Black Lips Frontman Flings Race Cards at Lorde, Drake, and Macklemore

Cole Alexander has some harsh, unpolished words for pop royals

Black Lips, Cole Alexander, Lorde, Drake, Macklemore
Black Lips' Cole Alexander in the studio PHOTO BY BEN RAYNER
Marc Hogan WRITTEN BY
Marc Hogan

Black Lips, with their bracing garage-punk and publicity stunts, have the capacity to frustrate and thrill in equal measure. For every excellent album of brattily wounded catchiness (see 2007's Good Bad Not Evil), there's an irritating live show to content with. And didn't you just know their "Boys in the Wood" video would be NSFW à la Harmony Korine? Now, a week after the release of Underneath the Rainbow, one of the Atlanta band's frontmen is making headlines for his inartful criticisms of Lorde, Drake, and Macklemore.

In an interview for The A.V. Club's "HateSong" series, Cole Alexander slammed Lorde's widely popular "Royals." His criticism, summarized in polite English, boils down to a fair contention SPIN's Brandon Soderberg made last year: That "Lorde's critique of born-with-this wealth quickly devolved into a crude and offensive stereotyping of hip-hop culture," and, therefore, is "clueless" and possibly "accidentally racist." Perhaps unfortunately, Alexander didn't make his critique in polite English.

"Most of the people that are rapping about Maybachs and diamonds come from really 'torn-up towns,'" he said, referring to a Lorde lyric. "I'm going on assumptions, but I feel like a lot of these guys are from Compton or these fucking ghettos like Memphis, and their parts of town are way more torn up than hers. That's a mere assumption from seeing her in interviews and stuff, but I feel like they come from worse parts and they aspire to get Maybachs and diamonds because they come from ratchet-ass 'hoods where they have no hope. I think it's a bit righteous of her."

In response to a follow-up question noting that "Drake didn't exactly come out of hard times either," Alexander said of the Nothing Was the Same star, "He seems kind of fake to me." But wait, there's more: "I like my rappers more ghetto and ratchet sounding. Personally, I like more melodramatic, ignorant rap where they're talking about violence and anger and it's just evil. I don't like when it's too conscious, I don’t like it when it's too smart."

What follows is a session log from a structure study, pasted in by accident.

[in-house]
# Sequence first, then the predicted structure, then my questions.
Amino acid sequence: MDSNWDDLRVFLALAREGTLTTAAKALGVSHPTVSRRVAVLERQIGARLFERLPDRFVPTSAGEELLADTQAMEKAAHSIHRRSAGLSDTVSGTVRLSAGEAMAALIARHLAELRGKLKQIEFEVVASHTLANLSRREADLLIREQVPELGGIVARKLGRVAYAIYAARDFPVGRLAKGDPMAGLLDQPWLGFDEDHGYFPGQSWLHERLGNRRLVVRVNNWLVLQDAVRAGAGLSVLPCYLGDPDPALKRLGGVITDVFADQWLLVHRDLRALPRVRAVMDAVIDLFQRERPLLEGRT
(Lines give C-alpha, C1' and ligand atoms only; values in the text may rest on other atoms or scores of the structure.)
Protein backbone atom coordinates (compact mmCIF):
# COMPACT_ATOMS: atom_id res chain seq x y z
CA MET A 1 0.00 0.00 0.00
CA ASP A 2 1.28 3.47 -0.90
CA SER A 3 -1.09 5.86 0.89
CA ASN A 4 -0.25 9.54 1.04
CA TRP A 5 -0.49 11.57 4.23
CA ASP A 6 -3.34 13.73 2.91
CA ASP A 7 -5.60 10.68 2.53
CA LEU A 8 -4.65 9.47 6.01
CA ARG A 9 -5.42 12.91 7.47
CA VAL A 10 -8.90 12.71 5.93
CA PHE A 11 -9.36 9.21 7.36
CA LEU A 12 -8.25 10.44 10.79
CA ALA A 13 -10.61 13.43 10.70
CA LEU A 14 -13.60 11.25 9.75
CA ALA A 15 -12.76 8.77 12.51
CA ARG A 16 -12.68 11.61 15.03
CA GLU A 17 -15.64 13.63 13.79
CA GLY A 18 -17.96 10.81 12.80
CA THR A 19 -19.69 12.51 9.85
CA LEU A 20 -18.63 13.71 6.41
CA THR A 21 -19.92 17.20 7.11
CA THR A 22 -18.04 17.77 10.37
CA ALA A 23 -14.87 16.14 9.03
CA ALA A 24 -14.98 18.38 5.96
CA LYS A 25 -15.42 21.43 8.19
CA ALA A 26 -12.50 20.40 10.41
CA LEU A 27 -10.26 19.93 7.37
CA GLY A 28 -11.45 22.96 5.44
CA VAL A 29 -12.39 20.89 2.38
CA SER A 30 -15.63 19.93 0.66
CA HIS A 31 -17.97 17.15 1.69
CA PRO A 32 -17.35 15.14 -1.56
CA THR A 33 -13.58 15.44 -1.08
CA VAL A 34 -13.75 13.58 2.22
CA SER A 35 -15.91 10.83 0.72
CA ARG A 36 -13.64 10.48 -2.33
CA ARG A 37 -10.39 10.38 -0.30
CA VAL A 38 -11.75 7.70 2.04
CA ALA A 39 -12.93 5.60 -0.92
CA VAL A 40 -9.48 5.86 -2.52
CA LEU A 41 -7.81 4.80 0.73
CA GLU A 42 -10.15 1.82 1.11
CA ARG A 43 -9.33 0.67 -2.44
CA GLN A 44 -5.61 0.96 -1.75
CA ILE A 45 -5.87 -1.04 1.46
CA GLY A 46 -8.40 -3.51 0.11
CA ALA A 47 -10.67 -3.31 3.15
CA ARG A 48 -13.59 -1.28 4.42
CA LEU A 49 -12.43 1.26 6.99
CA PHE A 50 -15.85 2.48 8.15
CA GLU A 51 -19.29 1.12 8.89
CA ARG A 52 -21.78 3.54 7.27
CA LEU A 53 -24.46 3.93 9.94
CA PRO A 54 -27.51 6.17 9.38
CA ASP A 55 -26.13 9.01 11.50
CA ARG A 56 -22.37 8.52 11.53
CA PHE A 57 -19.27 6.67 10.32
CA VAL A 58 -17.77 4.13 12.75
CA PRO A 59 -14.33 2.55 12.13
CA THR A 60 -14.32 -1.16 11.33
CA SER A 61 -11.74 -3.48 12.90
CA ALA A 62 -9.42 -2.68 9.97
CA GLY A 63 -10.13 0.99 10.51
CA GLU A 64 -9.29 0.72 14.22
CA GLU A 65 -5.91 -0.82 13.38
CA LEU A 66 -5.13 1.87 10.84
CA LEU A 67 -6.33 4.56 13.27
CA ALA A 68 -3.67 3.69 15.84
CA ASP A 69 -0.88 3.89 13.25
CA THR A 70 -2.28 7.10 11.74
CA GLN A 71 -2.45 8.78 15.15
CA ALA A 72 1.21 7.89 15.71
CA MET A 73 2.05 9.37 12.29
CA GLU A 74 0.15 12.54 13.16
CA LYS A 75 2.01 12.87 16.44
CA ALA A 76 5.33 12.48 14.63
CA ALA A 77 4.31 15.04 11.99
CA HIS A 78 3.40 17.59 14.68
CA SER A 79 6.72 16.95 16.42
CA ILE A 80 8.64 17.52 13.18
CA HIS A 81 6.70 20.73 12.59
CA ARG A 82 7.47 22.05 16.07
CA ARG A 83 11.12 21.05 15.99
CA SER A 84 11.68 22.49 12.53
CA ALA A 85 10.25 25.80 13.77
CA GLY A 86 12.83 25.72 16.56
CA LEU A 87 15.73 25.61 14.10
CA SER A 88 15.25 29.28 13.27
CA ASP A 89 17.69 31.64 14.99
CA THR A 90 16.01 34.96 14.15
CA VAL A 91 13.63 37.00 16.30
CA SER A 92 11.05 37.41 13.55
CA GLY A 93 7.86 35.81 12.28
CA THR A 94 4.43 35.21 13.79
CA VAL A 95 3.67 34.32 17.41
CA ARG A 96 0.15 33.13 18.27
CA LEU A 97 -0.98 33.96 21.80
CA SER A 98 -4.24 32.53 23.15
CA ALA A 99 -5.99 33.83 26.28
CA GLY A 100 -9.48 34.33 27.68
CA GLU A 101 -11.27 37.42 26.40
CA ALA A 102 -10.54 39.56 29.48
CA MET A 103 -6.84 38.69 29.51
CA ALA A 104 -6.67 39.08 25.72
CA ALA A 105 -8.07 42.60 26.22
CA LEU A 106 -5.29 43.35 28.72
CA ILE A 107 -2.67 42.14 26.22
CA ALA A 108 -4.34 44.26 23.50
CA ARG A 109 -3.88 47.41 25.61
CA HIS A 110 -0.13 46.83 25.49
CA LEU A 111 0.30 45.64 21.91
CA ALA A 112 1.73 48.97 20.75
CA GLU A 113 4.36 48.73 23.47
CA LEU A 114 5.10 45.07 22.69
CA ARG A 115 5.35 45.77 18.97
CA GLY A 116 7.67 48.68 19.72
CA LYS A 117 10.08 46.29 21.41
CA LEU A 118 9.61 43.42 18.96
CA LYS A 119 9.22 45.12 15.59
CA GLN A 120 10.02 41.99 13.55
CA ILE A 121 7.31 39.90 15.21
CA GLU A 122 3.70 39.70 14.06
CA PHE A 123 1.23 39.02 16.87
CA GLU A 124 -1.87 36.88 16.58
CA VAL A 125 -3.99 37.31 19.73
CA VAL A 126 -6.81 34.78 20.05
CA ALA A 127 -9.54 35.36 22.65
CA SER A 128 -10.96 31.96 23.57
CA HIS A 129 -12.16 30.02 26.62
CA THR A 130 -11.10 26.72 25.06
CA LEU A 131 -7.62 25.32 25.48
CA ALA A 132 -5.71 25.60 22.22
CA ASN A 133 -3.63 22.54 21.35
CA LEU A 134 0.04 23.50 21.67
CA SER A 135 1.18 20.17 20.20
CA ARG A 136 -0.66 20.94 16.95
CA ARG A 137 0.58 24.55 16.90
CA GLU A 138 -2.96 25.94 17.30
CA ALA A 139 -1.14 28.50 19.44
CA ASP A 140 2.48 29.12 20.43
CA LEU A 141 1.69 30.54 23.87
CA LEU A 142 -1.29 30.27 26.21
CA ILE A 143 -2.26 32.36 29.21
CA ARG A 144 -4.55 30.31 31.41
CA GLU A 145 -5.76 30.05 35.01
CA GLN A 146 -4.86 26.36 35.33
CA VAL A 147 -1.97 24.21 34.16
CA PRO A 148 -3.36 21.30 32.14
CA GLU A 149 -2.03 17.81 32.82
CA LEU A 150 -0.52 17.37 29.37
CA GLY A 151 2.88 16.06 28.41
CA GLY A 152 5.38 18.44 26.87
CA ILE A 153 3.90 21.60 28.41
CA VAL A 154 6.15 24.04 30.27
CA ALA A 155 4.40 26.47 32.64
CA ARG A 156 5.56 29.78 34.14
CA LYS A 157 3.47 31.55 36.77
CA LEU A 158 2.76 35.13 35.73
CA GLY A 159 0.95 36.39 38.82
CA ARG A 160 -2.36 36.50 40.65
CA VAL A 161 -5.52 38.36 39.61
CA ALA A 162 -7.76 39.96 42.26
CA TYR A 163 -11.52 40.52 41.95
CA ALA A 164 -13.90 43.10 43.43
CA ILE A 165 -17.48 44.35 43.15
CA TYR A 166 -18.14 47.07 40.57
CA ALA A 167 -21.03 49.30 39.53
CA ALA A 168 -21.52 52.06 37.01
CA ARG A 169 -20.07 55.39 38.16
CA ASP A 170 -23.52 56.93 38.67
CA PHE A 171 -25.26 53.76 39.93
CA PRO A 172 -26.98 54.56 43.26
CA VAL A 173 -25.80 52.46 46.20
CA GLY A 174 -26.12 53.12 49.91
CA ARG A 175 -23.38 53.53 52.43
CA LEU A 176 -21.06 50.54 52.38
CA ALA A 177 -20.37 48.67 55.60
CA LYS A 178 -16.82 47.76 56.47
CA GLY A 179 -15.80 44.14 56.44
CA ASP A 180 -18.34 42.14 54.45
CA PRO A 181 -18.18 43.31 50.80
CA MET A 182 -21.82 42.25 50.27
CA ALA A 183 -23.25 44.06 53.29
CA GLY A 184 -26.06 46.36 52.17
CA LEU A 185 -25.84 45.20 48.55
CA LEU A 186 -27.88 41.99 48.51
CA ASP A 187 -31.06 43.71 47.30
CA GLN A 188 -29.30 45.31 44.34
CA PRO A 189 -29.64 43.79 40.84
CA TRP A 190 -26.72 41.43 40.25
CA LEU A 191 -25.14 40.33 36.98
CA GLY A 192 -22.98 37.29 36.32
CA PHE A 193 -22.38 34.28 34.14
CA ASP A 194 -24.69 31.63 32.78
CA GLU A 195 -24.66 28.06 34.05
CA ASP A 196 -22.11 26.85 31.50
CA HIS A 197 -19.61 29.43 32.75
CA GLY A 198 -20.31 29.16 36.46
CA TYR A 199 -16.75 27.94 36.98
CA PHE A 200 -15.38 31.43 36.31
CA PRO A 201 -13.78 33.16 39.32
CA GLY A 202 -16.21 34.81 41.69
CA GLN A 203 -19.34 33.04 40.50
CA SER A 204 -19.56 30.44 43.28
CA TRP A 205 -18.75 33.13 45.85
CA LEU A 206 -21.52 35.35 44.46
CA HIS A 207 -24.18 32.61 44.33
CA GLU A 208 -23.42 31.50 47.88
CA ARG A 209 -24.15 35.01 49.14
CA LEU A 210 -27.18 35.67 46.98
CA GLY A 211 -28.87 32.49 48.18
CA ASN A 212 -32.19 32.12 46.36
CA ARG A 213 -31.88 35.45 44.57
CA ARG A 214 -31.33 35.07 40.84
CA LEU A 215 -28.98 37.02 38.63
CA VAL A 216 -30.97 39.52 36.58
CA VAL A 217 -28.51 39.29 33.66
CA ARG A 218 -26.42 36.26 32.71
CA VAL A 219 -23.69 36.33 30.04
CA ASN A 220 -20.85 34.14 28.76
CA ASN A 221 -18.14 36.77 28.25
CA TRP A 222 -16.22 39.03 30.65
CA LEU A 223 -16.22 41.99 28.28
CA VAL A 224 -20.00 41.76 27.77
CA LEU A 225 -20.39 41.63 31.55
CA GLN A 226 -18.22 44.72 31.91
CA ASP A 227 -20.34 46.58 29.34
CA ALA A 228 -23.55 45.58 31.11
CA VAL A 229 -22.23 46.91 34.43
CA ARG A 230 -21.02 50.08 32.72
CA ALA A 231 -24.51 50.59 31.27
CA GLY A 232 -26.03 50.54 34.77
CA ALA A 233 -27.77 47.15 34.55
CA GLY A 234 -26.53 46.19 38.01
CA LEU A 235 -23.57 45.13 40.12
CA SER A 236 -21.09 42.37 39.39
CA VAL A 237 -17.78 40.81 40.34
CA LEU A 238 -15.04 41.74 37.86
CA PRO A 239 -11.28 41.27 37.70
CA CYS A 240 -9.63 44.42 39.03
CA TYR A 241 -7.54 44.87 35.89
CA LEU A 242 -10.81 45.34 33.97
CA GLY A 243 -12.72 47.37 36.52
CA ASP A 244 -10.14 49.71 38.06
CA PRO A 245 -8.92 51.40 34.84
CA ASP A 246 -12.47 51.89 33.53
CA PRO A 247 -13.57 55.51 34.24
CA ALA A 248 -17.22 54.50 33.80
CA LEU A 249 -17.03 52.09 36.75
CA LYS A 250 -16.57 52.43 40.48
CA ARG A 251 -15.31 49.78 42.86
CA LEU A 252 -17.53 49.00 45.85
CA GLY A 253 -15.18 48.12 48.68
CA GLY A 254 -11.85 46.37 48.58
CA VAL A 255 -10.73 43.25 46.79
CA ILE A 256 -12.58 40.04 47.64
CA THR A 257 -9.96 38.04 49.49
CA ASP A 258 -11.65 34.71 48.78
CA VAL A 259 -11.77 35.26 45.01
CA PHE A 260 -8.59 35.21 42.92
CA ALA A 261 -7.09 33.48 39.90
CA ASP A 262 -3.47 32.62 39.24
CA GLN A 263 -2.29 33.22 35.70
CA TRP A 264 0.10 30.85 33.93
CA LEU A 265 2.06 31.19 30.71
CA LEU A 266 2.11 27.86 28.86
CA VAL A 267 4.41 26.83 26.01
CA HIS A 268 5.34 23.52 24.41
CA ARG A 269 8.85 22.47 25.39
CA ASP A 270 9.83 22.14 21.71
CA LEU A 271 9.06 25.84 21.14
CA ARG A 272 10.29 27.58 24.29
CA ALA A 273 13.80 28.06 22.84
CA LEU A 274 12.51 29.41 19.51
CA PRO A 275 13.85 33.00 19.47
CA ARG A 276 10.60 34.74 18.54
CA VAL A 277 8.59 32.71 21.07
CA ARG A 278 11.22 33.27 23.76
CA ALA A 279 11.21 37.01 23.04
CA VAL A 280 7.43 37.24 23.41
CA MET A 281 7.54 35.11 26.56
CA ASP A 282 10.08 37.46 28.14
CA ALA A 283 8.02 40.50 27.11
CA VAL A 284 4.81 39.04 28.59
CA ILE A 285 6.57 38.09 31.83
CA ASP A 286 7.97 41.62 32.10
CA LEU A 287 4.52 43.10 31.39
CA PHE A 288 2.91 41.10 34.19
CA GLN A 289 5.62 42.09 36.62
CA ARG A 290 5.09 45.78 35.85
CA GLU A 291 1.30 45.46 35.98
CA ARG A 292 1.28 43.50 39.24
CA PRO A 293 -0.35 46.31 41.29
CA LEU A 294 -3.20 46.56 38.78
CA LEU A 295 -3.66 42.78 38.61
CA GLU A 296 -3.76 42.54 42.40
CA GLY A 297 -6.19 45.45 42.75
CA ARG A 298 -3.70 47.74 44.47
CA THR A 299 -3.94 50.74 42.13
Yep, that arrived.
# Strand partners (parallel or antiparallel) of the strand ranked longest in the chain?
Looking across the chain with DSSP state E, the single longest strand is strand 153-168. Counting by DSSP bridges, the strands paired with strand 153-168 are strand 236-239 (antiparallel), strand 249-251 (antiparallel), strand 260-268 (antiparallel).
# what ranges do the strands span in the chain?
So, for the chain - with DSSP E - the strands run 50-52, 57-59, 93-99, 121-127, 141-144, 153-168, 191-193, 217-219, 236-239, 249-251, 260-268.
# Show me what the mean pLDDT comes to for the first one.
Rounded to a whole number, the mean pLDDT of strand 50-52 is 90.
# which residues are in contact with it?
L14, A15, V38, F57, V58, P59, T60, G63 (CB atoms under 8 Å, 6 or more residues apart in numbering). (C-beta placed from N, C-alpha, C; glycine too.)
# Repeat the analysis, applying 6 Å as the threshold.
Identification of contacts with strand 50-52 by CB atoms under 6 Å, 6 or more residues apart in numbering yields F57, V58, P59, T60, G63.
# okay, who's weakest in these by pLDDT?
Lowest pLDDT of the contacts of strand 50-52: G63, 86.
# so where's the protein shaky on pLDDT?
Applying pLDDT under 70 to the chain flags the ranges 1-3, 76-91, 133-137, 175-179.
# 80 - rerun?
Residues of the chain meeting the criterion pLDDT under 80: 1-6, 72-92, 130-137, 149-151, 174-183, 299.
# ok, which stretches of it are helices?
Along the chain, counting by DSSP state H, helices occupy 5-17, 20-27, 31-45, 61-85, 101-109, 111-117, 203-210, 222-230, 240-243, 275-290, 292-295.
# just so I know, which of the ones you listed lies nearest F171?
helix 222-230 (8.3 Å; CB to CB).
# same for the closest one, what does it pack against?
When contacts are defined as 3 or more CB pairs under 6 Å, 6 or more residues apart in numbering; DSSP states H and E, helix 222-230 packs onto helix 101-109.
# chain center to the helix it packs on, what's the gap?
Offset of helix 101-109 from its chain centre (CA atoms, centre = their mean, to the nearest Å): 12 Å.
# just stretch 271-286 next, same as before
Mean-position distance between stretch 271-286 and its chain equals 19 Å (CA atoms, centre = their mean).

He continued: "To me, it's just like a gangster movie. In a gangster movie, you don't want to see polite guys; you want to see them do horrible shit. It's a movie, it's entertainment, and, at the end of the day, music is entertainment. It might reflect what has happened, but a lot of times it's an art form of telling stories."

Alexander further targeted Macklemore & Ryan Lewis' thoroughly criticized "Thrift Shop," again in racially tinged terms. He takes issue with the lyric "that's a cold-ass honky," contending that "honky" is "a racist word" and Macklemore "put a racist term into a black person's mouth and had it thrown back at him to satiate his white guilt. That's the way I look at it."

Alexander has since clarified his remarks with Atlanta alt-weekly Creative Loafing, saying, "I didn't realize my detractors held the stereotype that rap is simply a black thing. That ignorance is just a black thing. I never got that memo. There are plenty of white rappers on the scene singing dumb shit and I love it."

He continued: "Really, trap is just my preference in hip-hop. I don't completely dislike conscious rap. We had the GZA from the Wu-Tang lay a verse on one of our tracks ["Drop I Hold"]. He is, in my book, one of the greatest lyrically conscious rappers of our time. I don't think he would fuck with us if he felt I was racist. Also, those interviews aren't verbatim, but I was trying to explain that I come from an upper middle class neighborhood. So I'm not some artist claiming I have had some crazy struggle. Having said that, from Kindergarten through high school, my public school had the M-to-M program which shipped in inner city black kids, so my school was roughly 50/50 black-white. I used to get my ass kicked by kids from tougher neighborhoods than mine. So I, by no means, was raised up in some sheltered white environment. I also like my rock dumb and evil as well. Just my opinion."

Your move, comments sections of the world.

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